Was romance murdered?

Romance is fickle in the best of times. You light the candles. You pour the wine. You turn on slow jazz. And . . .  the topic of your mother comes up. How did that happen? What went wrong? And why are you sleeping with the dog in the spare bedroom?

But there do seem to be places that are more romantic than others. Sacred spots. We all have them. It might be over a beautiful meal at Lucca, or walking around Gray’s Lake at dusk, or sitting rink-side with a sloshing beer at a Buccaneers game. Whatever works. Heck, on one of these chilly nights, walk up Walnut Street in East Village with the holiday lights on either side and the golden glow of the Capitol in the distance. There you go. Is there any spot more romantic in the world than right there at that moment?

Paris is such a sacred spot.


It begins and ends with the waiters. First, grab that empty table on Rue Cler. Outside, of course. Yes, you both sit on the same side of the table looking out. Why? How else are you going to see the women of Paris walk with such confidence and grace, in high heels, on the cobblestones. And of course you will never look as debonair as that white-haired elderly man drinking espresso in an elegant suit and dress hat. That’s all right. You are here to learn. So chill.

The waiters certainly are. No smiles. No greetings. Certainly, no introductions. They stand on the fringe and ignore you. It’s all right. Lower your shoulders. Take a breath. Count to 10. This is your table for the night. Now just raise a finger or arch an eyebrow to tell him you are ready. He will come eventually. You will order a bottle of wine. Good. Now don’t talk quite so loudly. There you go. And maybe an hour later, you will order a meal. And maybe an hour after that, you will order an after-dinner drink. And you will sit and talk quietly and watch. Now you’ve got the hang of it.

Listen, the Paris waiter has just plowed the field, planted the crop, and given you your only job — to harvest romance. Sure, the softly lit street with its’ narrow bustling sidewalk doesn’t hurt. The low murmur of people talking and laughing in an enticingly melodic foreign language doesn’t hurt. And the on-the-hour sparkling of the distant Eiffel Tower certainly doesn’t hurt. But the languor of the waiters, that’s the key. The waiter has given you the moment, romance is yours for the taking.

And tomorrow you will wander the streets. Going from quarter to quarter. Ah, here’s where Hemingway liked to eat. And over there is the Louvre, the Musee d’Orsay, the Picasso Museum, the l’Orangerie, the Centre Pompidou. And there’s the bridge with the love locks.


And, look, Notre Dame Cathedral and Sainte Chapelle. And the Rodin garden. And the perfume stores. And there’s a macaron shop. And . . .

. . . 129 dead and counting. The unthinkable. Paris is violated. Sirens and bodies and screams and explosions and gun shots. All on a beautiful Paris evening. The armless Venus de Milo is weeping tears down her stoney face. Rodin’s Gates of Hell are opened at last. And back in Des Moines, Iowa? I want to vomit.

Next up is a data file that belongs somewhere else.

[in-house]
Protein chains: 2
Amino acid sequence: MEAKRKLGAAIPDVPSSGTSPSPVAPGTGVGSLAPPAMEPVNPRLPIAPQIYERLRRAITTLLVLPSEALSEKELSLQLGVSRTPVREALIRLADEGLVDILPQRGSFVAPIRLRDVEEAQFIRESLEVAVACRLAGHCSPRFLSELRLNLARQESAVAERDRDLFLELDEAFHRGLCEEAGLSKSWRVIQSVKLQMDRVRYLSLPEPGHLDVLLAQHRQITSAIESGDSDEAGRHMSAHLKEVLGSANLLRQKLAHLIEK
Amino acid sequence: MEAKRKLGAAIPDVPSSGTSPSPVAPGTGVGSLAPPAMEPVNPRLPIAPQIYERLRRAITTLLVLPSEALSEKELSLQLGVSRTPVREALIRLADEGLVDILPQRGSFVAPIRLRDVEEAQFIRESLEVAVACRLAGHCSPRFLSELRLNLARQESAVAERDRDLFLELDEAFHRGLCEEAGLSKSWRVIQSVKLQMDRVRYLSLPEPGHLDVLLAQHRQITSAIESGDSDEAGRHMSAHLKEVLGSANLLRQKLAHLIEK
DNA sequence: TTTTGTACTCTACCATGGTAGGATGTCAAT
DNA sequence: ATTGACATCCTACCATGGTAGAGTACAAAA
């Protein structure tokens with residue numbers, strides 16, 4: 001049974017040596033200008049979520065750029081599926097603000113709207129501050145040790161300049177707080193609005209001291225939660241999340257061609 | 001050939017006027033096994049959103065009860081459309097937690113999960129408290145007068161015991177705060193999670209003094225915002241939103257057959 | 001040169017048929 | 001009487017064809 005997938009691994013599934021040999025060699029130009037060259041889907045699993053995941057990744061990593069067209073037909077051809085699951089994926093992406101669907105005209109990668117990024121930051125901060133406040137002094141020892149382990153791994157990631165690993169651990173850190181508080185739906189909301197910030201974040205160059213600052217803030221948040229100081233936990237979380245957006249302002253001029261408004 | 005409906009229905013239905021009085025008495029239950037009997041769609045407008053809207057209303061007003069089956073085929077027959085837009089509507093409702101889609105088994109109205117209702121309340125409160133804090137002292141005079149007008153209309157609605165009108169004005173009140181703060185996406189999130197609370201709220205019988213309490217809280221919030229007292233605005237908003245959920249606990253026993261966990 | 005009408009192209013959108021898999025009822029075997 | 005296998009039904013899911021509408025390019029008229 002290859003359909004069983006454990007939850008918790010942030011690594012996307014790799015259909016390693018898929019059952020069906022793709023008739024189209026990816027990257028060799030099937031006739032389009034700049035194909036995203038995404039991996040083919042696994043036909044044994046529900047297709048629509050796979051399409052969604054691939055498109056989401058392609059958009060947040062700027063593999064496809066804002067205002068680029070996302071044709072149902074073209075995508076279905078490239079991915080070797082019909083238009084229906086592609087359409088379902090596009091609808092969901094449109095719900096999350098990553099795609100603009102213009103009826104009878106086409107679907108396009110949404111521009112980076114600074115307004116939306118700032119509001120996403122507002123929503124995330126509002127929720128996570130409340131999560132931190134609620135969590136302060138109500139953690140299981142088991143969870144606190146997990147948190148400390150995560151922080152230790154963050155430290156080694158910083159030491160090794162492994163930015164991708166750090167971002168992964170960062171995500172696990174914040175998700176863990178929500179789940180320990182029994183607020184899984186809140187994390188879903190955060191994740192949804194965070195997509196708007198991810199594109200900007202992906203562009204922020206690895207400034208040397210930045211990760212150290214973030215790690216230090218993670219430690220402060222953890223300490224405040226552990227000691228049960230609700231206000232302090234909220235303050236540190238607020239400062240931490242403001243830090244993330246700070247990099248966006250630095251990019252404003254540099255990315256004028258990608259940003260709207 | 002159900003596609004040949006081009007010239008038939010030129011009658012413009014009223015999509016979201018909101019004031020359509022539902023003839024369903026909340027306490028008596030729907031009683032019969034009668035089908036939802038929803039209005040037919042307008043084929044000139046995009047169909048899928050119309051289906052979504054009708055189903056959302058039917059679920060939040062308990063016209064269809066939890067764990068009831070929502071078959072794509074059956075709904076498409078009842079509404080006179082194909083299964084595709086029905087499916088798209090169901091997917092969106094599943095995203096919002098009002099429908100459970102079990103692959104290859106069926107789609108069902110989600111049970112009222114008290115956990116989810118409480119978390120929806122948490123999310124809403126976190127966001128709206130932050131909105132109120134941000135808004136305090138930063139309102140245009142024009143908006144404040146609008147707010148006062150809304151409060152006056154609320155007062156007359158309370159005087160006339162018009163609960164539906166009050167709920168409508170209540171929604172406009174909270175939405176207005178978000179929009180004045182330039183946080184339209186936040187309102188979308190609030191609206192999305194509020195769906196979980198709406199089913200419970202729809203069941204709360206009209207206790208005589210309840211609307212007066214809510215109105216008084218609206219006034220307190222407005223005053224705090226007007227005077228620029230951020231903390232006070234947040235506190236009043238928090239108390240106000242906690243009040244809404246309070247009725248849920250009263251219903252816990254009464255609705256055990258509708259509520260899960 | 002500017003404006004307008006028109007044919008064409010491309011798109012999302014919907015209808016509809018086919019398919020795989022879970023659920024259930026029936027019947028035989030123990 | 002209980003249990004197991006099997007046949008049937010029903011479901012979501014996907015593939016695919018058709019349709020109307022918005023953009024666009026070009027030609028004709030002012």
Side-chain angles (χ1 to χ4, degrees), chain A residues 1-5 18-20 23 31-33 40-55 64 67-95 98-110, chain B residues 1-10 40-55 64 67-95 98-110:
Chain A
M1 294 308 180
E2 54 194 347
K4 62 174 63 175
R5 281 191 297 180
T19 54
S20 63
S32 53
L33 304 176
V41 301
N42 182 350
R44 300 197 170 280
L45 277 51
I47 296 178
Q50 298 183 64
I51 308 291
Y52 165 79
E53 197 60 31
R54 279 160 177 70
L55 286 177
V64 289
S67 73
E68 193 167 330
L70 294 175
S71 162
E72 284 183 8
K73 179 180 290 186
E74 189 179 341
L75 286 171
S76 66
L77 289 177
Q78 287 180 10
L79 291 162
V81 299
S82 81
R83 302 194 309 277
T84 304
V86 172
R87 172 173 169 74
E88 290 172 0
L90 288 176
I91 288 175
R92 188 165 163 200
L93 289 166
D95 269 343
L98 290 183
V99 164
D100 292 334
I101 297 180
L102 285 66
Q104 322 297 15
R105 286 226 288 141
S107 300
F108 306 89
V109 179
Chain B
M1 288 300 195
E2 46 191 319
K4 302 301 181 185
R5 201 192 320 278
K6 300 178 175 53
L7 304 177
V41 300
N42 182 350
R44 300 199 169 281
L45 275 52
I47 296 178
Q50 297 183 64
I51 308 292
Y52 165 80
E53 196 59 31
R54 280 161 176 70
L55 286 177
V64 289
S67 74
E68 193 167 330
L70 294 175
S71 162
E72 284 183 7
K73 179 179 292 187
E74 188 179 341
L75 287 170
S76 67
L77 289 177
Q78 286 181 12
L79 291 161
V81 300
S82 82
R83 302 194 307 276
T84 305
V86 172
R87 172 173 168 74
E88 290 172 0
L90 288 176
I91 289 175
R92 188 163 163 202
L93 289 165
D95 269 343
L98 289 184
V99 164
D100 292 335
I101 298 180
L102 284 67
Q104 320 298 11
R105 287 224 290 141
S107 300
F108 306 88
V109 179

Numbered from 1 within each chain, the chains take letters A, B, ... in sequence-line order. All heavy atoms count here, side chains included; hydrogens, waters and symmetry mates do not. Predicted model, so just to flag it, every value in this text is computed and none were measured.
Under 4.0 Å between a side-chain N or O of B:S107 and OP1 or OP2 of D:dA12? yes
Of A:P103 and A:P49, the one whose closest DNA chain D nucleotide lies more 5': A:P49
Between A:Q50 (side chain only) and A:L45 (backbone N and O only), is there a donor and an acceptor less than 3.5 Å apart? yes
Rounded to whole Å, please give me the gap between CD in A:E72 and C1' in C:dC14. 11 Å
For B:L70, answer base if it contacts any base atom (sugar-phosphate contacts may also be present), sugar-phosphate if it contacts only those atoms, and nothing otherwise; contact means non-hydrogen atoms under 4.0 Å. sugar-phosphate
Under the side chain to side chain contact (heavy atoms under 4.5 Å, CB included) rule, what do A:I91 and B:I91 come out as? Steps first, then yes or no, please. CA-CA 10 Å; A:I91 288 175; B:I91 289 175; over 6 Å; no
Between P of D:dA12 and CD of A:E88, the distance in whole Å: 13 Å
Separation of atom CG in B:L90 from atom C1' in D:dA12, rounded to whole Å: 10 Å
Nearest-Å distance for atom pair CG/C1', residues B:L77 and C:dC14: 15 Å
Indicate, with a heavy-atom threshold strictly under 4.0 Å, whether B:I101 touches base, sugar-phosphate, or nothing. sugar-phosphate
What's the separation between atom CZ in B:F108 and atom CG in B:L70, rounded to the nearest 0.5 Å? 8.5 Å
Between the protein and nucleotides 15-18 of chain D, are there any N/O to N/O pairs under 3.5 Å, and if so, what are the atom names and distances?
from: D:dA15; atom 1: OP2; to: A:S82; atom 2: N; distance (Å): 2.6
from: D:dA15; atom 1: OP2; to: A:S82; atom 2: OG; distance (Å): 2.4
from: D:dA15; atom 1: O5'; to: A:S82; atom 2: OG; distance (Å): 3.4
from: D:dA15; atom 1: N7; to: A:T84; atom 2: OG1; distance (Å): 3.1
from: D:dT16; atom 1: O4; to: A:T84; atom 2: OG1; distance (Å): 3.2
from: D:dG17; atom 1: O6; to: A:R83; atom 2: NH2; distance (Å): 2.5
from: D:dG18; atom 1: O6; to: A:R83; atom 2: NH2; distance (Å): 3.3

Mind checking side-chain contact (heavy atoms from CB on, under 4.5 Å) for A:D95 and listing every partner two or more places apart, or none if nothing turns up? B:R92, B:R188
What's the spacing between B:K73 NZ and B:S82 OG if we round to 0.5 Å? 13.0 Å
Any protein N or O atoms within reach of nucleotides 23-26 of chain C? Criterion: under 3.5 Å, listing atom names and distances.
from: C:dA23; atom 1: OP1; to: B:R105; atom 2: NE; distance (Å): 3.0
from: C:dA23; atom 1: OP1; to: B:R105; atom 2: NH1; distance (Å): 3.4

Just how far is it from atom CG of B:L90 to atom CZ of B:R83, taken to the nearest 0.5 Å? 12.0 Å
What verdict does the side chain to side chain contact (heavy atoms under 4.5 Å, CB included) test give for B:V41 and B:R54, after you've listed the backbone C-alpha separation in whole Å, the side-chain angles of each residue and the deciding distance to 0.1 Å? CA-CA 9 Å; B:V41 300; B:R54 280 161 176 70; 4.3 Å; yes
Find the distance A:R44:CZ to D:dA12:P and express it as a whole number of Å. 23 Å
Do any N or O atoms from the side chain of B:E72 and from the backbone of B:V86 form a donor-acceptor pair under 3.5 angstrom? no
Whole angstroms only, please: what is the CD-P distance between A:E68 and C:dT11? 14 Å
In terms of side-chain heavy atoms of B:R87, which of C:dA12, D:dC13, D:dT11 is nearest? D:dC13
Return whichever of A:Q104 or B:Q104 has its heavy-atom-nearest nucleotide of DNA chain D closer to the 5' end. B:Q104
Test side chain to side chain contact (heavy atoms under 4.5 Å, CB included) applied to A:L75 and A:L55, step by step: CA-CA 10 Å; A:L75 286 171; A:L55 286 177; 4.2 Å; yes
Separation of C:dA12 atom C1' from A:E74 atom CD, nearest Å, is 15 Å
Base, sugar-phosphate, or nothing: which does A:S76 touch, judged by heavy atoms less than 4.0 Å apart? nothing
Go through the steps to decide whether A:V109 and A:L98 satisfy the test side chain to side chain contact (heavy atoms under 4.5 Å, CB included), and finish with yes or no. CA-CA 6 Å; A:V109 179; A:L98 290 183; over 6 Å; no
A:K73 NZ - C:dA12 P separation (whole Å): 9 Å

So, what remains? Is romance dead, killed by terrorists? Is the curiosity needed for romance to exist replaced by security cameras? Is whimsical yearning blown up by a suicide bomber? Do we sit at the cafe table staring out, not with joy and passion, but with a clear field of vision in case we need to draw our concealed weapons?

I don’t know.

But, in the aftermath, I can see the Paris waiter in my mind’s eye. White apron pulled tight at the waist. Vest and tie, impeccable. Standing on the fringes. Looking without looking. After the time that he thinks appropriate, he will approach. And he will answer with that French lilt.

“Monsieur, terrorism?” And he will smile only from the mouth, thin shoulders unmoved, white cloth draped over his left arm like the drape over a coffin. And then he will eloquently spit on the ground, as only a Parisian waiter could.

He will then look up, the consummate professional, and ask: “Monsieur would care for a red or white wine?”

Perhaps this is true.













The tenant farmer’s son

The jury sits attentively. Young and old. Casual and dressed. White and one African-American. They watch the lawyers. They glance discretely at the defendant. And then they look to the front. The judge is seated on a raised platform. Black robe cleaned and pressed. It’s nearly time.

District Court Judge Robert Hutchison sits with his head down, reading documents. His left fist rests against his cheek. Glasses perched. His long forehead smooth and calm above his dark twinkling eyes. He takes a breath, slips his glasses off, and turns to the jury.

“Good morning.”

And another day of trial begins at the Polk County Courthouse.

“We lived on a farm. My dad was a tenant farmer. My first two years I went to a one-room schoolhouse. I had two classmates in my grade. I vividly remember the pony shed in back because many of my schoolmates rode their ponies to school. I lived about a mile away, so of course my story is I walked through the snow uphill everyday.”

Judge Hutchison doesn’t crack a smile at this last small exaggeration. And although facts are delivered dispassionately, you know there’s always going to be a twist. Popping his own balloon is his favorite sport.

“1990 I became a judge. I was sworn in the same day Judge Joel Novak had his heart attack. There are many people who think that was not coincidental.”